In short, whatever species you are targeting and whatever location you are visiting, find out when the best fishing action takes place and do what you can to be there.
Angling Mistake #3: Ignoring Little Things
During the years I covered Major League Fishing, one of the most interesting parts of each tournament day were the 30-minute-long breaks when the professional bass anglers would roar into a rendezvous point so lunches could be passed out, camera operators could get freshly charged batteries, and anglers could make tackle adjustments as their bass rigs sat rocking gently in the waves.
One of those anglers was the legendary Kevin VanDam of Kalamazoo, Mich., arguably the G.O.A.T. (Greatest of All-Time) in the modern bass fishing game with more than two dozen tournament wins, multiple Angler of the Year titles, four Bassmaster Classic triumphs, and being one of the chief advertising spokesmen for Bass Pro Shops.
So, I was always curious when I would watch KVD work on his tackle and pull out a Sharpie marker that he would use to darken up the braided line he had spooled on some rod-and-reel setups. When I asked him why he did that, VanDam shrugged and said that it helped camouflage the line—braid can quickly lighten up in color the longer it is in the water—as he tossed baits into weedy settings where a tournament-winning bass might be hiding.
Then he mentioned something about simply trying to control as many variables as he could on any given day, figuring that paying attention to small details would help him be a more efficient angler who caught more fish.
That spoke volumes to me then and it should do the same for any angler who enjoys a day out on the water. Pay attention to the little things that you can control, from checking your line often for nicks and abrasions that could cost you a fish to keeping the point of your hook sharpened to keeping tackle and gear in peak operating condition. It might not seem like much at the time but paying attention to the little details of fishing can pay off with some hefty benefits when you least expect it.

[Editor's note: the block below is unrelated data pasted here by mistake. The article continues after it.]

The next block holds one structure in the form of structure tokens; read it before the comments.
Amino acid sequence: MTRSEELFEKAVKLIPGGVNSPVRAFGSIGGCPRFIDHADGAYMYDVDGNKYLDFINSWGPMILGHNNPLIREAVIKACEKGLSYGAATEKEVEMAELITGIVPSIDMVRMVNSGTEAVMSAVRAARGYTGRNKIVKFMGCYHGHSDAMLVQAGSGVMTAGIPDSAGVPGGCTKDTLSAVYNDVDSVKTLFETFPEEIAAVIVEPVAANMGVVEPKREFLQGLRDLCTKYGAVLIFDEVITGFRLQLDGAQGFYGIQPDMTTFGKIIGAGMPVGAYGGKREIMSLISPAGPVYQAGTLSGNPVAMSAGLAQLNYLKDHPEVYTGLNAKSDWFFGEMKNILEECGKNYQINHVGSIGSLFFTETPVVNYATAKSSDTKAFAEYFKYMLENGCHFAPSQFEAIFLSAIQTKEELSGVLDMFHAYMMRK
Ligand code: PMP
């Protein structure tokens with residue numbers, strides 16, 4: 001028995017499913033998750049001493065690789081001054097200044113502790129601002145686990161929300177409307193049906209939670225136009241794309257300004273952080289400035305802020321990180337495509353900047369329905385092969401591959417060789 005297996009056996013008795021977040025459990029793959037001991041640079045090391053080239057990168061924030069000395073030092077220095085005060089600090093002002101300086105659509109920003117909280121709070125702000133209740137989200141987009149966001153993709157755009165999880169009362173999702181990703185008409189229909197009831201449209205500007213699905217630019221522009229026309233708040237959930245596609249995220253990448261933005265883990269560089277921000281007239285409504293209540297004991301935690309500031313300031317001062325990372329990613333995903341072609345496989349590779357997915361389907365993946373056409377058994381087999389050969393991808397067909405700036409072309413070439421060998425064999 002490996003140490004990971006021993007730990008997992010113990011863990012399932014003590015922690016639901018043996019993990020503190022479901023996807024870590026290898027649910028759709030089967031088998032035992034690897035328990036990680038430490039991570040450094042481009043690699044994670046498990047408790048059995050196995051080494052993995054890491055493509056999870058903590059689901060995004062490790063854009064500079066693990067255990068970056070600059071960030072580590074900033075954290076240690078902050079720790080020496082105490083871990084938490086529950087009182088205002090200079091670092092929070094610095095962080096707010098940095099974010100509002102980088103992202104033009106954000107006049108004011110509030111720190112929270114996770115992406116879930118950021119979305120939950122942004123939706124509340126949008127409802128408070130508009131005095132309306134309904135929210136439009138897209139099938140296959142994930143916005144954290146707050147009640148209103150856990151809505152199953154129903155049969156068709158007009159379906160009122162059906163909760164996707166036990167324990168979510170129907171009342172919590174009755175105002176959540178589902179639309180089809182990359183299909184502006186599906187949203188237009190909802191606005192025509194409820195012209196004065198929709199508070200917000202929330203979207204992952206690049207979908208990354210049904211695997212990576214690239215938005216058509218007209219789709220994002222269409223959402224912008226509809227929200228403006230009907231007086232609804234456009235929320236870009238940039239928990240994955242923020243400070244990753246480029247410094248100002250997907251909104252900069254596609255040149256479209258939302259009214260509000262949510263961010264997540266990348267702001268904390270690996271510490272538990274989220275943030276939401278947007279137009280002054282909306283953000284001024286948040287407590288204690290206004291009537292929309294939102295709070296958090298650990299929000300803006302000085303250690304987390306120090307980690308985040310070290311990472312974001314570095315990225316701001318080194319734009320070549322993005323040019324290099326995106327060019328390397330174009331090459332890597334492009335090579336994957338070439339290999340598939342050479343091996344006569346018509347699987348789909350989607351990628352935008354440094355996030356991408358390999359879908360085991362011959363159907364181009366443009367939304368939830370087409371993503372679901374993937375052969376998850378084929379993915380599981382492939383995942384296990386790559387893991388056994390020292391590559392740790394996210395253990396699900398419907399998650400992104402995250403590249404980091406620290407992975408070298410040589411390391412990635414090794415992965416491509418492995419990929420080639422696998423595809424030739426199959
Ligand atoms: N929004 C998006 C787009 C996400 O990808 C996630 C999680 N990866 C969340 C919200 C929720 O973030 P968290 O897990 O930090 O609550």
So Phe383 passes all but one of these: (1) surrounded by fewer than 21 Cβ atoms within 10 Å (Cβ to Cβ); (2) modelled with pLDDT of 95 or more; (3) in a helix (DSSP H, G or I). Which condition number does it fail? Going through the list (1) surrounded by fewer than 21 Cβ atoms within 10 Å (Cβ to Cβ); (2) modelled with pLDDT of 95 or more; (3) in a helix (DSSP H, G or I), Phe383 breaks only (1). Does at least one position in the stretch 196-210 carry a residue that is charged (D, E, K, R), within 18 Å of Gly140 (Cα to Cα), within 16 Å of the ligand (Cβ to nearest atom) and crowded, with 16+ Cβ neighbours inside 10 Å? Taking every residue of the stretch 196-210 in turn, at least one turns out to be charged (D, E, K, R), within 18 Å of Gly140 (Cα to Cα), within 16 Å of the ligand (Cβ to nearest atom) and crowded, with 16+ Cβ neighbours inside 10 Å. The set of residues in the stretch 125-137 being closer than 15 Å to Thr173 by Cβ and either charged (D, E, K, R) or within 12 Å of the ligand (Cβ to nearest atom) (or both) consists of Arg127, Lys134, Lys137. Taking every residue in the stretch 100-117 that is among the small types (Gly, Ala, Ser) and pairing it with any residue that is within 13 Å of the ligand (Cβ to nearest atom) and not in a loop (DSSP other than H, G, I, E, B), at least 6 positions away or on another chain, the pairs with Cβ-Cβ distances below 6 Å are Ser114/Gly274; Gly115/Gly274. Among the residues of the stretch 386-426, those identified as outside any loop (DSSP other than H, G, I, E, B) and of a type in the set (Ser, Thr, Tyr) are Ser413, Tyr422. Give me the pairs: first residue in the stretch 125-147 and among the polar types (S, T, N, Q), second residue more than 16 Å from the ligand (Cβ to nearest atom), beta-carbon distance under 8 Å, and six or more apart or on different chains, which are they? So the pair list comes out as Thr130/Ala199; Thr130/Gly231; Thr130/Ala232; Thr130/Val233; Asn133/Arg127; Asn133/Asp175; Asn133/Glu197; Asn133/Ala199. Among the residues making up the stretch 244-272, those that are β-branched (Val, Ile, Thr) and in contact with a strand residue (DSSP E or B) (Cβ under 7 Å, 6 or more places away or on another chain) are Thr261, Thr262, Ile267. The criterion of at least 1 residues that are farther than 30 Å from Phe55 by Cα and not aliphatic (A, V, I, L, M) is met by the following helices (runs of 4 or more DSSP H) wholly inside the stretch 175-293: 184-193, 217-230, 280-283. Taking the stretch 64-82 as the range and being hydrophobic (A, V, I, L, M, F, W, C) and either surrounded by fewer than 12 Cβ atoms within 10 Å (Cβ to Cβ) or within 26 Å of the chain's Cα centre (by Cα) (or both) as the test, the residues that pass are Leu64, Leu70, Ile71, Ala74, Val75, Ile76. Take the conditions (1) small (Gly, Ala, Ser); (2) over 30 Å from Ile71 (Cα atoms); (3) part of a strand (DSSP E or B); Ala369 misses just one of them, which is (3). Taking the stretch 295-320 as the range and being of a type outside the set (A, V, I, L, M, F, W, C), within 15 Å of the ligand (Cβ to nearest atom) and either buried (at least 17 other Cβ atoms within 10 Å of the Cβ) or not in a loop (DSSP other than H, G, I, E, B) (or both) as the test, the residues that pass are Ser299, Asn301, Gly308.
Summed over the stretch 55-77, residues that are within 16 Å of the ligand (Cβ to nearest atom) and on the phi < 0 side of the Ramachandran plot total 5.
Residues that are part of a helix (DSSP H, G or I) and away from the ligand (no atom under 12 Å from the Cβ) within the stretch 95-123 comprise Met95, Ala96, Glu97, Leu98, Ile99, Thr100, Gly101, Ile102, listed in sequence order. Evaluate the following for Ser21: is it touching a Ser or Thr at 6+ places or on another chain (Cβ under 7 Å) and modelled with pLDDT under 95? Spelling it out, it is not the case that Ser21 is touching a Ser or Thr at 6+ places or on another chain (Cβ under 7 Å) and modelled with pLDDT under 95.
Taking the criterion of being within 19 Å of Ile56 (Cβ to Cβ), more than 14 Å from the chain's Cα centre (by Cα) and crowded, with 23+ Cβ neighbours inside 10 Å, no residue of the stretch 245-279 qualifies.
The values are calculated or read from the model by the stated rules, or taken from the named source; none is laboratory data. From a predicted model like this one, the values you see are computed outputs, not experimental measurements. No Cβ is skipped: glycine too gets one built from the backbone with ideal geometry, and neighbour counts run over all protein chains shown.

Angling Mistake #4: Wrong Gear
If your idea of fishing is dangling your feet in the water off a dock as the sun sets and letting a worm ride under a bobber at the end of a cane pole as you seek platter-sized bluegills, then fishing is an exercise where the gear is quite simple.
But if saltwater species grab your attention—fish like tarpon, bonefish, permit, red snapper, redfish, etc.—then you’re going to need heavier and more specialized gear. The same thing is true for coastal stripers and inland reservoirs teeming with big largemouth bass.
In general, you’ll want lightweight tackle like a small spinning rod or a 4-, 5-, or 6-weight fly rod for bluegills, crappie, trout, and small bass. If bigger bass, muskies on a Midwestern river, or redfish along the coast are what you’re targeting, then you’ll need heavier spinning tackle; a 7-, 8-, or 9-weight fly rod; or a baitcasting rod-and-reel combo with the right kind of line spooled on. And if you’re going after the really big stuff like trophy-sized blue catfish, big tarpon, pelagic species like sailfish, or even offshore tuna, then you’ll want the heaviest spinning or baitcasting gear that can handle big fish in deep water. For fly fishing for really big species, you’ll want specialized gear including a 10-, 11-, or 12-weight fly rod that can handle a big on-the-water fight.
Angling Mistake #5: Not Matching the Hatch